Middle-east Arab News Opinion | Asharq Al-awsat

Jackomania | ASHARQ AL-AWSAT English Archive 2005 -2017
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Here’s a simple question: have you been gripped by Jackomania? Think about this carefully before answering.

Michael Jackson passed away recently and his death, even his admittance to hospital, was breaking news on most international television channels and news websites. If you are one of those who was surfing the net in the hope of finding out more about Michael Jackson’s state of health then you probably were gripped by Jackomania. An image emerged immediately in which the world had united and showed its concern for this man specifically.

Michael Jackson was a walking commercial industry. He was surrounded by an army of personal assistants and specialists in the fields of music, public relations, visual images, media, production, make-up and sports as well as bodyguards, legal experts and accountants simply because once upon a time he represented a major source of income bringing in hundreds of millions of dollars for many of the world’s countries.

Over time, Michael Jackson became the number one international superstar, proving that globalization exists even in the world of show business. There was an element of engineered magnificence in everything he did from the release of his studio albums and the frenzy and excitement that accompanied this to the production of his music videos and concerts. The remarkably perfect and calculated timing of the release of his albums in every part of the globe was no coincidence; Kuala Lumpur, Tokyo, Buenos Aires, Cairo, Rome, London and Munich were always just as ready as New York, Chicago and Los Angeles for that occasion.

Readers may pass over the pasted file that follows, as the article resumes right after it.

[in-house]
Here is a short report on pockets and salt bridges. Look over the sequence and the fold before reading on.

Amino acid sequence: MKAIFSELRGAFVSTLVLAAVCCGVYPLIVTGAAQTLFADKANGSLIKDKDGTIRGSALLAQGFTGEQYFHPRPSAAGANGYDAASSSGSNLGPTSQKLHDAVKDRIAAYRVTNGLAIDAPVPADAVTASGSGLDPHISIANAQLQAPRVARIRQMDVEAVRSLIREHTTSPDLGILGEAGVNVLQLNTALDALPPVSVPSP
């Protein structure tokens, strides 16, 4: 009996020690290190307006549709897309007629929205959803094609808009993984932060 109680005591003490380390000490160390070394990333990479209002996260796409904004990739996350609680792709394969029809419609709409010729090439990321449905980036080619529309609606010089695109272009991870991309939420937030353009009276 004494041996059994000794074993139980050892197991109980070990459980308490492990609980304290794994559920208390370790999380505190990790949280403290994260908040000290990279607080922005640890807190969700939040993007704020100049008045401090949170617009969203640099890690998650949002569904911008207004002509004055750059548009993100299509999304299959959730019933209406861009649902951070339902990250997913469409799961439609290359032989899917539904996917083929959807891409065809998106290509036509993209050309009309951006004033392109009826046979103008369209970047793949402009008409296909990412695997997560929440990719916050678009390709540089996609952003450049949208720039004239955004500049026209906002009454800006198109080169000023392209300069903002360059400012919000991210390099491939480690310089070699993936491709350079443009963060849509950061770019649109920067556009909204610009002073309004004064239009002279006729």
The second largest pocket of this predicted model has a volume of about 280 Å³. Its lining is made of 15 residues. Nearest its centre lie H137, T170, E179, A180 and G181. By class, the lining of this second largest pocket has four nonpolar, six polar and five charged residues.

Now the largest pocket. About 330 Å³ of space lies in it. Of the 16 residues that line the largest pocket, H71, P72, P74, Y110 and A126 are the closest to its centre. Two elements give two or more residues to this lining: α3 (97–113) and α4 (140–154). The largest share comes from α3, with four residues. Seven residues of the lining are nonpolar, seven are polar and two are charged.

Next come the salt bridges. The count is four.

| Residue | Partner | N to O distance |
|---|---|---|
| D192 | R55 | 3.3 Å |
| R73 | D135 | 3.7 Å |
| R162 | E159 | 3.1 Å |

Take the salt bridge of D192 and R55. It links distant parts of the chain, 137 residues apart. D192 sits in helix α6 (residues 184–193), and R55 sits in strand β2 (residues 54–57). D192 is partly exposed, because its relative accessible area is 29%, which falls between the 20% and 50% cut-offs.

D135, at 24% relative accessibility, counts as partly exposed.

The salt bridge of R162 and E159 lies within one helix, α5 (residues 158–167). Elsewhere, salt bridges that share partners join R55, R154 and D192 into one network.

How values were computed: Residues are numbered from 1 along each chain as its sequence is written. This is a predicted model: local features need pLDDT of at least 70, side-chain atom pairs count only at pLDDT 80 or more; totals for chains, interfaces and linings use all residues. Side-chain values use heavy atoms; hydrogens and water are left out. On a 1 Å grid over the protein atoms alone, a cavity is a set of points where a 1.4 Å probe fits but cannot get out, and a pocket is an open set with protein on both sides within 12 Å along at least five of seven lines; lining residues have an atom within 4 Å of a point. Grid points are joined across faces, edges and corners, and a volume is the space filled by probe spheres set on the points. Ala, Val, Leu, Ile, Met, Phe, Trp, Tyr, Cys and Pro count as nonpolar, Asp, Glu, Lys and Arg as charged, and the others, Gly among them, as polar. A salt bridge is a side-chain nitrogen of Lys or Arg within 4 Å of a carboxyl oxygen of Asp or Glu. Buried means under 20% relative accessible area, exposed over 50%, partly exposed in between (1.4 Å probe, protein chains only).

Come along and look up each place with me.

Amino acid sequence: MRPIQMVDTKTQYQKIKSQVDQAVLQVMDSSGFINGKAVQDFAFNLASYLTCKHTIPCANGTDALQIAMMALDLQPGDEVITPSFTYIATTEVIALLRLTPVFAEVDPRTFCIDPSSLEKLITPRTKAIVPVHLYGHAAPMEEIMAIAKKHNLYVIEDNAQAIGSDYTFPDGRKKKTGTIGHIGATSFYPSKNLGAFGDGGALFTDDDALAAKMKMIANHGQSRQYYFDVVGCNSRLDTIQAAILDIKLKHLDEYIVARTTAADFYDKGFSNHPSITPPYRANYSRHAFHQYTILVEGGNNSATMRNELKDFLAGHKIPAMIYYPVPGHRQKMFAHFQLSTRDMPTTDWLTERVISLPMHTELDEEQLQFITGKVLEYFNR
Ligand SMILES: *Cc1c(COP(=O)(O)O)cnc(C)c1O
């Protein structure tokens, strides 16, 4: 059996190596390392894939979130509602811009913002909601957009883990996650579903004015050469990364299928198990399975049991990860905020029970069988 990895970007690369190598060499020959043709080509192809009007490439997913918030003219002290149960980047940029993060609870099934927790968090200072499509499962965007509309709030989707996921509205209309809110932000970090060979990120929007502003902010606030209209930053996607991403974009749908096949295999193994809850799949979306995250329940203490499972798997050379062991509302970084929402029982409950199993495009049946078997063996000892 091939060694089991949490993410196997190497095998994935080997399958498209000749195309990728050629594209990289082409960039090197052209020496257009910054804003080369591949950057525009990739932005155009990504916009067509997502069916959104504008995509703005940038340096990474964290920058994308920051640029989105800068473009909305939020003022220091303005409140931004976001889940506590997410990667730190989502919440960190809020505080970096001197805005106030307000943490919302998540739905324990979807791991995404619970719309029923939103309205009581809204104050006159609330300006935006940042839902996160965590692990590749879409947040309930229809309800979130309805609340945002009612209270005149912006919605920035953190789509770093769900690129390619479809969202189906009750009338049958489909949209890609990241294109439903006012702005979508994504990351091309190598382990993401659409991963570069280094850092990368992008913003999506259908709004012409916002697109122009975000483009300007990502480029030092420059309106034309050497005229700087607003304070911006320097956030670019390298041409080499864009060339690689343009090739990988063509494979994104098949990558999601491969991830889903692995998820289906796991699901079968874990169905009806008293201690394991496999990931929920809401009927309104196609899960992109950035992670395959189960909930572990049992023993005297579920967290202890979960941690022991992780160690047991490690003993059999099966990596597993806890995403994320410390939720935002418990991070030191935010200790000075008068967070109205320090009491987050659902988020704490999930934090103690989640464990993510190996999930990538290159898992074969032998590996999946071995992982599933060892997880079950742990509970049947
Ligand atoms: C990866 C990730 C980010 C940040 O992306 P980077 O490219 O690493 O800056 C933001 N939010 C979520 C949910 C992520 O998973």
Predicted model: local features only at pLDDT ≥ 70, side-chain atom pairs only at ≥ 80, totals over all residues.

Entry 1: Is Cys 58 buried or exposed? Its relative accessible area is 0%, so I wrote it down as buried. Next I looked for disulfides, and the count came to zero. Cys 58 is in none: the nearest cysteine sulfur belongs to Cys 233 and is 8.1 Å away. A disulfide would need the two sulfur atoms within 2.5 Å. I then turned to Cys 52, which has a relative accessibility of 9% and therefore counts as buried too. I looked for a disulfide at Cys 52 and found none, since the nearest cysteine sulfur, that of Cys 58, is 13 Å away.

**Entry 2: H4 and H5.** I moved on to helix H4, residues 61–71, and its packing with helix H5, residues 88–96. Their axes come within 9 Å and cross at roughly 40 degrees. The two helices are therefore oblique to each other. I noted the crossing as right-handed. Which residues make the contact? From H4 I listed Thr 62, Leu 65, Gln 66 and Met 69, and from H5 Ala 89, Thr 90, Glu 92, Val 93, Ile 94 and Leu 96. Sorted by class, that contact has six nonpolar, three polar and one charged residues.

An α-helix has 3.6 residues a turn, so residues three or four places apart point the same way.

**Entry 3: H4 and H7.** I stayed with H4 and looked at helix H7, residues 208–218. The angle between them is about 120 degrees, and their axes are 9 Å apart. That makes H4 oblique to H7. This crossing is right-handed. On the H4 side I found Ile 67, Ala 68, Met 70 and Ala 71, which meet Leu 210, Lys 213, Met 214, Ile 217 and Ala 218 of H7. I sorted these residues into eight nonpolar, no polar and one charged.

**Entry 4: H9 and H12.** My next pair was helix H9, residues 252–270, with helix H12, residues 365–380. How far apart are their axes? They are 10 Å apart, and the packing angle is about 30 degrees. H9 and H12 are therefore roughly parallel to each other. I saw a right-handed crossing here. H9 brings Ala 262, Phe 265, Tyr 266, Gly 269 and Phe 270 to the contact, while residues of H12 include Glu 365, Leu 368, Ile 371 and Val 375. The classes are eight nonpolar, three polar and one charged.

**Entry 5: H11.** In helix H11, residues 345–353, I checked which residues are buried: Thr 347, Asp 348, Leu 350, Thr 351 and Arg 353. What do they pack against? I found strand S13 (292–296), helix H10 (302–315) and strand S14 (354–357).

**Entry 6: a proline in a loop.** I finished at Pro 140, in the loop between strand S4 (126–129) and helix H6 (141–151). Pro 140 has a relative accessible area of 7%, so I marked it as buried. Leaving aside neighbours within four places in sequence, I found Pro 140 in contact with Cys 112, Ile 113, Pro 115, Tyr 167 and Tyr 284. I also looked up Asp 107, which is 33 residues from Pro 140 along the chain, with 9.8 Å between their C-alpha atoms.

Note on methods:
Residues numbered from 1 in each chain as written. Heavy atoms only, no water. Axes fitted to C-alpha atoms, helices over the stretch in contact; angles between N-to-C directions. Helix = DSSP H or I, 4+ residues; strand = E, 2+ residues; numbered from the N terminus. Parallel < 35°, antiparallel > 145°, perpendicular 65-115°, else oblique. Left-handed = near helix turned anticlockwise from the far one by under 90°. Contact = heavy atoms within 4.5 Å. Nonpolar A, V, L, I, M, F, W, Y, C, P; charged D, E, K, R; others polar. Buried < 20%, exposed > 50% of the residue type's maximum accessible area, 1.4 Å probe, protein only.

Michael Jackson’s music transcended borders and he won the hearts of millions of people around the world, further reiterating what Professor Galal Amin once said; we are living in “the age of huge masses.” The dominating consumer ideology led to the creation of an absolute allegiance to any transatlantic registered trademark such as Starbucks, Adidas, Coca-Cola or McDonalds to name but a few.

Michael Jackson represented the same idea but in the field of entertainment. He continued to do so even after news on Michael Jackson was no longer related to his music but to lawsuits and plastic surgery. His looks were distorted following the countless plastic surgery operations that he underwent, making it hard to believe that the man we were looking at was the same man who launched his music career with his brothers from Gary, Indiana. Michael Jackson, along with his eccentricities, was the talk of the town from day one and remained so until he breathed his last.

With reference to the Arab world, I am surprised at these continuous attempts since Michael Jackson’s death to prove he died a Muslim. I don’t know exactly what kind of added value we would gain if the world is told that Michael Jackson was a Muslim. His death has proven one thing, that man as an individual and the world as a village are both capable of “creating” a legend and fusing it with cultures that do not relate to it at all.

Towards the end of his life, Michael Jackson was no longer black, or American, or Afro-American; he had turned into an international icon and belonged to all people regardless of nationality and geographical borders. He was a product of globalization par excellence. Therefore it’s only right we ask this question again; have you been gripped by Jackomania?